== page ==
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The Top Reasons to Switch to SQL Server
You have a lot of reasons to like SQL Server. But when diehard Access fans switch over, they usually have one of the following reasons in mind:
Lots and lots of people . As you've learned, Access doesn't do so well if you need to share one database file with a few hundred people.
Lots and lots of data . Access doesn't let you make a database bigger than 2 GB (gigabytes). The full version of SQL Server lets you create databases that swallow entire hard drives whole.
Performance . As your database grows, you'll probably find that it doesn't retrieve your data quite as speedily as it used to. Although indexes can help to a certain extent (see Section 6.2.2), SQL Server is able to do much more. It keeps recently used information in a vast pool of memory, and doles that information out to whomever needs it. This technique alone saves oodles of time.
Real security . As you learned in Section 18.5, Access doesn't offer a fine-grained security model that lets you lock specific people out of specific database objects. (It used to, but Microsoft pulled that feature out of Access 2007 because it wasn't secure enough.) But SQL Server has bulletproof security that can be as fine-grained as you want.
Transactions . In complex database systems, many tasks consist of several separate database operations that happen one after the other. For example, a money transfer of $500 involves two correlated actionsone account gets a $500 credit, and the other gets a $500 debit. SQL Server lets you put this sequence of steps in a transaction , which ensures that if any one of these actions fails, the whole shebang is cancelled. In other words, even if lightning strikes and your server reboots in the middle of its work, SQL Server can restore the system to the moment just before the account transfer (and you'll never wind up with $500 winking out of existence).
Although these features are great, most of them are beyond the scope of this book. To learn more, you need to track down a dedicated book about SQL Server. One good choice is Beginning SQL Server 2005 Programming by Robert Vieira (Wrox). (Don't be put off by the word "programming," as this book covers the essentials of database design, optimization, and maintenance.)
But before you skip this chapter in disgust, there's something you should know: A completely free version of SQL Server is out there waiting for you. Amazingly enough, it's almost as powerful as the one that costs thousands of dollars and requires you to pledge your first-born child to Microsoft.
This version is called SQL Server 2005 Express Edition , and you'll learn how to download and install it in the next section. If you compare it with the full version of SQL Server, you'll find it has three limitations:
It supports just one CPU (computer processor ). More CPUs make for more powerful computers, and this limit prevents SQL Server Express from being quite as powerful as its big non-Express brother.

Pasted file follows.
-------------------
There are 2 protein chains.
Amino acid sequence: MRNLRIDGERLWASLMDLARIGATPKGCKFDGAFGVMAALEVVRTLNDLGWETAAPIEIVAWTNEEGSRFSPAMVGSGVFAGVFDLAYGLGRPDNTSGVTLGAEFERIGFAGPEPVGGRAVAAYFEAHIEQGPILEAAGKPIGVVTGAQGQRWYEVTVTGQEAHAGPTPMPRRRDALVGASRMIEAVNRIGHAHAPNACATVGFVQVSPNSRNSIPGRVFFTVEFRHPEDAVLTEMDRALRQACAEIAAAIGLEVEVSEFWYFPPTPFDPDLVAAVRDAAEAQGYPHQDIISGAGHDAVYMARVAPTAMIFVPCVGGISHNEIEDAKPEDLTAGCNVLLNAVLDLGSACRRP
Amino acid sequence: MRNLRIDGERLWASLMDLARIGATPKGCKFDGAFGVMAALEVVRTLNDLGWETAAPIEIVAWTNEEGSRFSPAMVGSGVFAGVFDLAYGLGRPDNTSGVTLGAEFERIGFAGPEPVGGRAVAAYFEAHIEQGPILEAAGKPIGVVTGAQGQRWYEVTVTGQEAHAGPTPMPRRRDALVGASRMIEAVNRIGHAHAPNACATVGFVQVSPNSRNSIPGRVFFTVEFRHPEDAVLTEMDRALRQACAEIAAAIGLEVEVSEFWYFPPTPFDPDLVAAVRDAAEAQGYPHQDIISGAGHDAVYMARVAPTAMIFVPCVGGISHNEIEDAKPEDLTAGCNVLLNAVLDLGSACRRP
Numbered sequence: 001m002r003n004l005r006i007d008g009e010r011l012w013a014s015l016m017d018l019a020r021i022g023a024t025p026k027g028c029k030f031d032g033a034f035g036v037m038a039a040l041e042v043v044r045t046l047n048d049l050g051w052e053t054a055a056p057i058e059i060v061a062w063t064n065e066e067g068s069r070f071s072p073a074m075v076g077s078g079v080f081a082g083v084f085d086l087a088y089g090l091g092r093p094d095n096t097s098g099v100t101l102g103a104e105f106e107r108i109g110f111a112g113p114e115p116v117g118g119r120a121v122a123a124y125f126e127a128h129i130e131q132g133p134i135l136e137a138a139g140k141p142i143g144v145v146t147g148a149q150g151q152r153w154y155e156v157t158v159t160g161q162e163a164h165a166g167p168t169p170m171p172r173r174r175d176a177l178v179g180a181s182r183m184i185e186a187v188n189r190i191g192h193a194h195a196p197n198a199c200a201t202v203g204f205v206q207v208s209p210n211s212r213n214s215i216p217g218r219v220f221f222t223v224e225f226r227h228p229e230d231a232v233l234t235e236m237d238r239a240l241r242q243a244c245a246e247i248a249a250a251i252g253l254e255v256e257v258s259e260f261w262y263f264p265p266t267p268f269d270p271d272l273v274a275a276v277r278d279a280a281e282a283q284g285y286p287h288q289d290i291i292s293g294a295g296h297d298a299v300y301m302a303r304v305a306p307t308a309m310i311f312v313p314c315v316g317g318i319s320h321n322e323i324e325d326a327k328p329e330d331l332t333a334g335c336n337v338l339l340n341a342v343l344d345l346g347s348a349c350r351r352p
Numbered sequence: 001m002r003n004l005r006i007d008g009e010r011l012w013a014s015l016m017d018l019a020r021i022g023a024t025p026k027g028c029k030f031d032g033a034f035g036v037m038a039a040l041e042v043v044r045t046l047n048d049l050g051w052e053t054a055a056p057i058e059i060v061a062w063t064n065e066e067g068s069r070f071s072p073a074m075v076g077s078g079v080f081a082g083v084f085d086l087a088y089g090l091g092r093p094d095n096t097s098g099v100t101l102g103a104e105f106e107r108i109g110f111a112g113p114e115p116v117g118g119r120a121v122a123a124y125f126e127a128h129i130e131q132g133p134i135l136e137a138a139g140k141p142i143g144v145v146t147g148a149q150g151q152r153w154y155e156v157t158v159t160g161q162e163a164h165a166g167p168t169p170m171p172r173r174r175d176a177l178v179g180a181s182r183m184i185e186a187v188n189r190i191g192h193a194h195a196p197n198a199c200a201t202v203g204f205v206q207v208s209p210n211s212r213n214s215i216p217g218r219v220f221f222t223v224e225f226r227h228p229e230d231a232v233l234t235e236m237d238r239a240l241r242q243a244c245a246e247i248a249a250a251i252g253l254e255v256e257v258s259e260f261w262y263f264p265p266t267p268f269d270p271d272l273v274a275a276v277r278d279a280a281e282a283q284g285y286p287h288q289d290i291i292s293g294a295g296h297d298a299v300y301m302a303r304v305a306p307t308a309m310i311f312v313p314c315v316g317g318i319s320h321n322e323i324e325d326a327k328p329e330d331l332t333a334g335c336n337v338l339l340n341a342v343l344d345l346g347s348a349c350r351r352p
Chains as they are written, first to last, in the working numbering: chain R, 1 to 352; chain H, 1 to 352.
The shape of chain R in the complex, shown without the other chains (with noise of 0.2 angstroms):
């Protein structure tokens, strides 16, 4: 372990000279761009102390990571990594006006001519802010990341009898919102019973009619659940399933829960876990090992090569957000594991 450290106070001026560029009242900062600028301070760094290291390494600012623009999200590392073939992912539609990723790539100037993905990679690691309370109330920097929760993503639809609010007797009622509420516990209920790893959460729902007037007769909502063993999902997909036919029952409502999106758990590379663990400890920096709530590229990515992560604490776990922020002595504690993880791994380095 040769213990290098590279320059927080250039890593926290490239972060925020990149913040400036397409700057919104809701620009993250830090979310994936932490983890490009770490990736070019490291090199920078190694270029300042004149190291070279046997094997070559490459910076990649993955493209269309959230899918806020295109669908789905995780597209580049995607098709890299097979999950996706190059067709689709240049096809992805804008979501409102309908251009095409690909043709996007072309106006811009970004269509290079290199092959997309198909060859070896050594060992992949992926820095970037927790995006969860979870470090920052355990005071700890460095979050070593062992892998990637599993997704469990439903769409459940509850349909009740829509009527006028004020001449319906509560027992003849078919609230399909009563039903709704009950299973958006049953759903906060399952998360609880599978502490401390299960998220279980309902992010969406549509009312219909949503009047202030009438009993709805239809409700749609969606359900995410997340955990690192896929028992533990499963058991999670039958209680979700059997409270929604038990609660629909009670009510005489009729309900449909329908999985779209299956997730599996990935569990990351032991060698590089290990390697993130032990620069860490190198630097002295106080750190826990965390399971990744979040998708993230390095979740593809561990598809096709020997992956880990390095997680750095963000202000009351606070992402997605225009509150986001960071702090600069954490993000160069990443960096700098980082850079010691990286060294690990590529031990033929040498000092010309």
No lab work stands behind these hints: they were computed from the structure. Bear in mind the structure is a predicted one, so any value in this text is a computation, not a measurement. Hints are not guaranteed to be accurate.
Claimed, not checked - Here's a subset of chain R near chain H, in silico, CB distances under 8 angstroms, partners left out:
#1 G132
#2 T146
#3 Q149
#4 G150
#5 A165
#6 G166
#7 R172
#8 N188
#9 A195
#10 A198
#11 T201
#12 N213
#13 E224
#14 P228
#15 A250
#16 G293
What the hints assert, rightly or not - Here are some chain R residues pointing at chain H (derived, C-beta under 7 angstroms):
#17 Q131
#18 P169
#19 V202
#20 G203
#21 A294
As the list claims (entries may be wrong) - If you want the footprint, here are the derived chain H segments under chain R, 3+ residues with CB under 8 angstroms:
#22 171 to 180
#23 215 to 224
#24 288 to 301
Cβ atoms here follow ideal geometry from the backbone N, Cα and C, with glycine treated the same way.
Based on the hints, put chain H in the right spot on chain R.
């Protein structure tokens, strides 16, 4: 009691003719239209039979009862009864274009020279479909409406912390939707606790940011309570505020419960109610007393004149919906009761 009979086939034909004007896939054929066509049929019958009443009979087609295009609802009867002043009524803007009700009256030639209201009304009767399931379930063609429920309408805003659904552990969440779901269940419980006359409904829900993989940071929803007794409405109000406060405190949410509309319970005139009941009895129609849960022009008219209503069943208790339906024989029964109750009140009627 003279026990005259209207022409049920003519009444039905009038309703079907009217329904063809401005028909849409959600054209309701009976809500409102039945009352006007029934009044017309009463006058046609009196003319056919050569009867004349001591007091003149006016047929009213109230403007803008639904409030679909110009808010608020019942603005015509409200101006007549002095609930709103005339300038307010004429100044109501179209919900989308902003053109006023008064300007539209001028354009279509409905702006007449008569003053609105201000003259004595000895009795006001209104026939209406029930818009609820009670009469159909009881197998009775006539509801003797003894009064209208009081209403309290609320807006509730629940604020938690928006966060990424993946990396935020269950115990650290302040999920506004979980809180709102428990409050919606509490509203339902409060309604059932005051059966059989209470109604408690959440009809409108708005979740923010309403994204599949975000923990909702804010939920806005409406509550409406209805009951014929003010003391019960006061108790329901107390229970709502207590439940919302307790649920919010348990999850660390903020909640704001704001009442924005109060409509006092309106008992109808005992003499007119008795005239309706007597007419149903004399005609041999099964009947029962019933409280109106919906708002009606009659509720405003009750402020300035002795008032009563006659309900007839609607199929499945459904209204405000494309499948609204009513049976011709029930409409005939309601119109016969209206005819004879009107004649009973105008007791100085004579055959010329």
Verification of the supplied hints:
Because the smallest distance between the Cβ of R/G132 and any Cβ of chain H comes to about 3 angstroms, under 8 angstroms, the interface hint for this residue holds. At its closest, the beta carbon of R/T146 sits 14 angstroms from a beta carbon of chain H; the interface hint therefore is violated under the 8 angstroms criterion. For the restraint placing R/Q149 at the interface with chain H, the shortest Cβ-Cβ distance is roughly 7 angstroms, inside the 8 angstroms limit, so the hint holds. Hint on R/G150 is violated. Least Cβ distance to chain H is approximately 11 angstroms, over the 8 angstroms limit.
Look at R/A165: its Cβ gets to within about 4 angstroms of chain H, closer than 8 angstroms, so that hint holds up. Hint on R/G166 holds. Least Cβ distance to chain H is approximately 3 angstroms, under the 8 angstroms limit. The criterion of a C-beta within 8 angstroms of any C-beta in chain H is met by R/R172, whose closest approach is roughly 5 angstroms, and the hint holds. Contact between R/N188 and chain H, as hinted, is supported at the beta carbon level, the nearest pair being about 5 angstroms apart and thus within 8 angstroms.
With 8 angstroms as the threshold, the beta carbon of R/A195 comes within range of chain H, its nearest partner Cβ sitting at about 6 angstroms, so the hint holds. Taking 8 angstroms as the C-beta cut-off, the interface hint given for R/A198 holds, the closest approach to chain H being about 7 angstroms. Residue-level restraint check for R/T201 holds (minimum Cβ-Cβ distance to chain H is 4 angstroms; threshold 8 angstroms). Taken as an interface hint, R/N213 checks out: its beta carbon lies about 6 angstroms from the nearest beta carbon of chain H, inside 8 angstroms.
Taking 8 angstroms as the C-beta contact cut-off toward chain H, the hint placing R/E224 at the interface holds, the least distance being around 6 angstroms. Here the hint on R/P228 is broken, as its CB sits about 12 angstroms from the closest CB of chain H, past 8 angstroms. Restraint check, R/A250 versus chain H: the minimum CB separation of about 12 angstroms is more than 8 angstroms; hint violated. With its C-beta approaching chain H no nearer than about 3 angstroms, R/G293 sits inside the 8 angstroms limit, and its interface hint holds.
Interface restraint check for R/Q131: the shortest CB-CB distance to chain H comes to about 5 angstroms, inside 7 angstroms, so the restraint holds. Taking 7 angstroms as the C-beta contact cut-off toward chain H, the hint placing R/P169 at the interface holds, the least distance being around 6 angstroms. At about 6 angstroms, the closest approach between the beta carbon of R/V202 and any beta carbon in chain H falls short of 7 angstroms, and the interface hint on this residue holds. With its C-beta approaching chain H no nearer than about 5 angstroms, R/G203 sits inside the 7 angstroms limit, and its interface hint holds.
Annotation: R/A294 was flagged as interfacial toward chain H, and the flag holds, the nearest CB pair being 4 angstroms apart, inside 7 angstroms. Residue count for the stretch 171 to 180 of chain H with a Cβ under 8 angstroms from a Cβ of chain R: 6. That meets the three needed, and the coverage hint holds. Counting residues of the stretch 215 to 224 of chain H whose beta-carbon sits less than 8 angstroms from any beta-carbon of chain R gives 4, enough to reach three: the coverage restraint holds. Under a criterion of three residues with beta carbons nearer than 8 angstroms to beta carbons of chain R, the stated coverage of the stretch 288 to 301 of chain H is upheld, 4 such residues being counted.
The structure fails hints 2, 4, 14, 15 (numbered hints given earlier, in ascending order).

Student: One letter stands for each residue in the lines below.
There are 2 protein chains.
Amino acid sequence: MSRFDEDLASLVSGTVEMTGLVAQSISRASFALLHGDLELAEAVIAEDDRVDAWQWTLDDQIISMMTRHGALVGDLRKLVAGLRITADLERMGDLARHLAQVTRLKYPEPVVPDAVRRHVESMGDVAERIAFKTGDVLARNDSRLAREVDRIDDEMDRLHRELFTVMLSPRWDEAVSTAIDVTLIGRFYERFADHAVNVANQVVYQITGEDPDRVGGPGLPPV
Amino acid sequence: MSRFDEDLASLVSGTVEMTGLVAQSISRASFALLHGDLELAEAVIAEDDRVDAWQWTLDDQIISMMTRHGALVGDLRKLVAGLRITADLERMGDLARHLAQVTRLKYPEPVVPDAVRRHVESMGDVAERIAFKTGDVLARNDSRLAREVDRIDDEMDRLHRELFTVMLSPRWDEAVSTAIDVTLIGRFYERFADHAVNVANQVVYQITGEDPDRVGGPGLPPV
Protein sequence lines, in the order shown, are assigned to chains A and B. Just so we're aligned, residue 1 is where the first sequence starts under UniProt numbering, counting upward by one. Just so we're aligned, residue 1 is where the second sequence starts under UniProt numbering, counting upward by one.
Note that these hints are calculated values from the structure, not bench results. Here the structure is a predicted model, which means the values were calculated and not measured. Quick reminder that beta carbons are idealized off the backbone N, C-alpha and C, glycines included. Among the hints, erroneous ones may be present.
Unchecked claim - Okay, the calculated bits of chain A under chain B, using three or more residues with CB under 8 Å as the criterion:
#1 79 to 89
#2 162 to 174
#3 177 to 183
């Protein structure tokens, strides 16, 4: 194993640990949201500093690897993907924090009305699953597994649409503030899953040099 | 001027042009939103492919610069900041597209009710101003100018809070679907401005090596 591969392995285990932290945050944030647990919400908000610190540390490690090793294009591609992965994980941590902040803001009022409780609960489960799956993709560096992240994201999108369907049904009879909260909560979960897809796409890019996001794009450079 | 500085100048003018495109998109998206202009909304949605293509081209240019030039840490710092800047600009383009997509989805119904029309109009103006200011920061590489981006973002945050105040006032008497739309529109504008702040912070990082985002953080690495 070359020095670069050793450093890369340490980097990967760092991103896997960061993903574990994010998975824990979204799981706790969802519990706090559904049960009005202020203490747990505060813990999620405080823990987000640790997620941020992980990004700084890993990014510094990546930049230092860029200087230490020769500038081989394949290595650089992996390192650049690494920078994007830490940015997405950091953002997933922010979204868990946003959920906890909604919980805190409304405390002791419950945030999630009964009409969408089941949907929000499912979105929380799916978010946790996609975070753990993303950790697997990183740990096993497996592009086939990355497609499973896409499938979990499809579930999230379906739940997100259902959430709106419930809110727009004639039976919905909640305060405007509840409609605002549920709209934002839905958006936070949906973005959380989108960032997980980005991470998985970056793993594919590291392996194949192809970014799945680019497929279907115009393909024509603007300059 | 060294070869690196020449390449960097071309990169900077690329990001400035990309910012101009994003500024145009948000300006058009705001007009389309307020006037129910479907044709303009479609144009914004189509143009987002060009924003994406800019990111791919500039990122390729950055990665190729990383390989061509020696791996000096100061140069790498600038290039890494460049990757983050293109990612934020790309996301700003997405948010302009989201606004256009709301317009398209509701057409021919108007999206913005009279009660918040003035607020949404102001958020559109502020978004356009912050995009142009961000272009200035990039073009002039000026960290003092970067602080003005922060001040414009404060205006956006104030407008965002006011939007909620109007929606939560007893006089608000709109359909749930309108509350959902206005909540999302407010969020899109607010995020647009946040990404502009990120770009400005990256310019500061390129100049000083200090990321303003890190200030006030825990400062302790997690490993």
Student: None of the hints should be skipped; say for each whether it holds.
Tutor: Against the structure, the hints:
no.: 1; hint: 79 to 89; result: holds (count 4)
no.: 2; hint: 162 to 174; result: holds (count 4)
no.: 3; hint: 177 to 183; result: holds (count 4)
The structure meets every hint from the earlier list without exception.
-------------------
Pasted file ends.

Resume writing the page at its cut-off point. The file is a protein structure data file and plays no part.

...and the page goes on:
It can use only 1 GB of RAM memory . If your server has more, use it for something else.
Each database you create tops out at 4 GB . No problem hereAccess itself tops out at 2 GB database files. If you avoid storing pictures and other large content in the database, you'll be good for a while.
What's more noteworthy is all the stuff that isn't left out. SQL Server Express is a full-fledged version of SQL Server, with exactly the same high-powered engine under the hood. If you need to upsize your Access database, it's a great deal.
Note: SQL Server Express also leaves out fancy tools to help you create tables and manage your databases. Although you can download a free management tool from Microsoft (see Figure 20-2), Access has already got you covered. It's a capable front end that can help you do everything you need to do.
| FREQUENTLY ASKED QUESTIONS |
Can You Trust Microsoft?
Why would Microsoft give anything away for free?
Savvy computer users are suspicious of anything that seems too good to be true. They're worried that Microsoft's SQL Server deal may be a crafty bait-and-switch tacticin other words, just enough to entice you to use SQL Server but not enough to meet your needs.
Fortunately, you have no reason to worry. If you decide to use SQL Server Express, you can stick with it happily for years without ever finding a reason to upgrade to the retail version.
So why does Microsoft offer a product they can't make any money on? It's simplethey're after the big fish. They know that a small company may start out with SQL Server Express and then grow into a large enterprise that's happy to pay the extra money to get a version that's even more powerful. This is particularly true if that company is using SQL Server to power a so-called Web application (an online shopping site, for example). If that Web site becomes the next eBay, the company running it will need some serious database horsepower (like a server computer that has multiple CPUs and a ton of memory). To support this hardware, they'll need the full version of SQL Server.
Finally, offering a free version of SQL Server helps Microsoft by enticing more people to design fancy database systems using SQL Server. A techie may come to know and love SQL Server Express, and then recommend the full version to a big-pocketed company.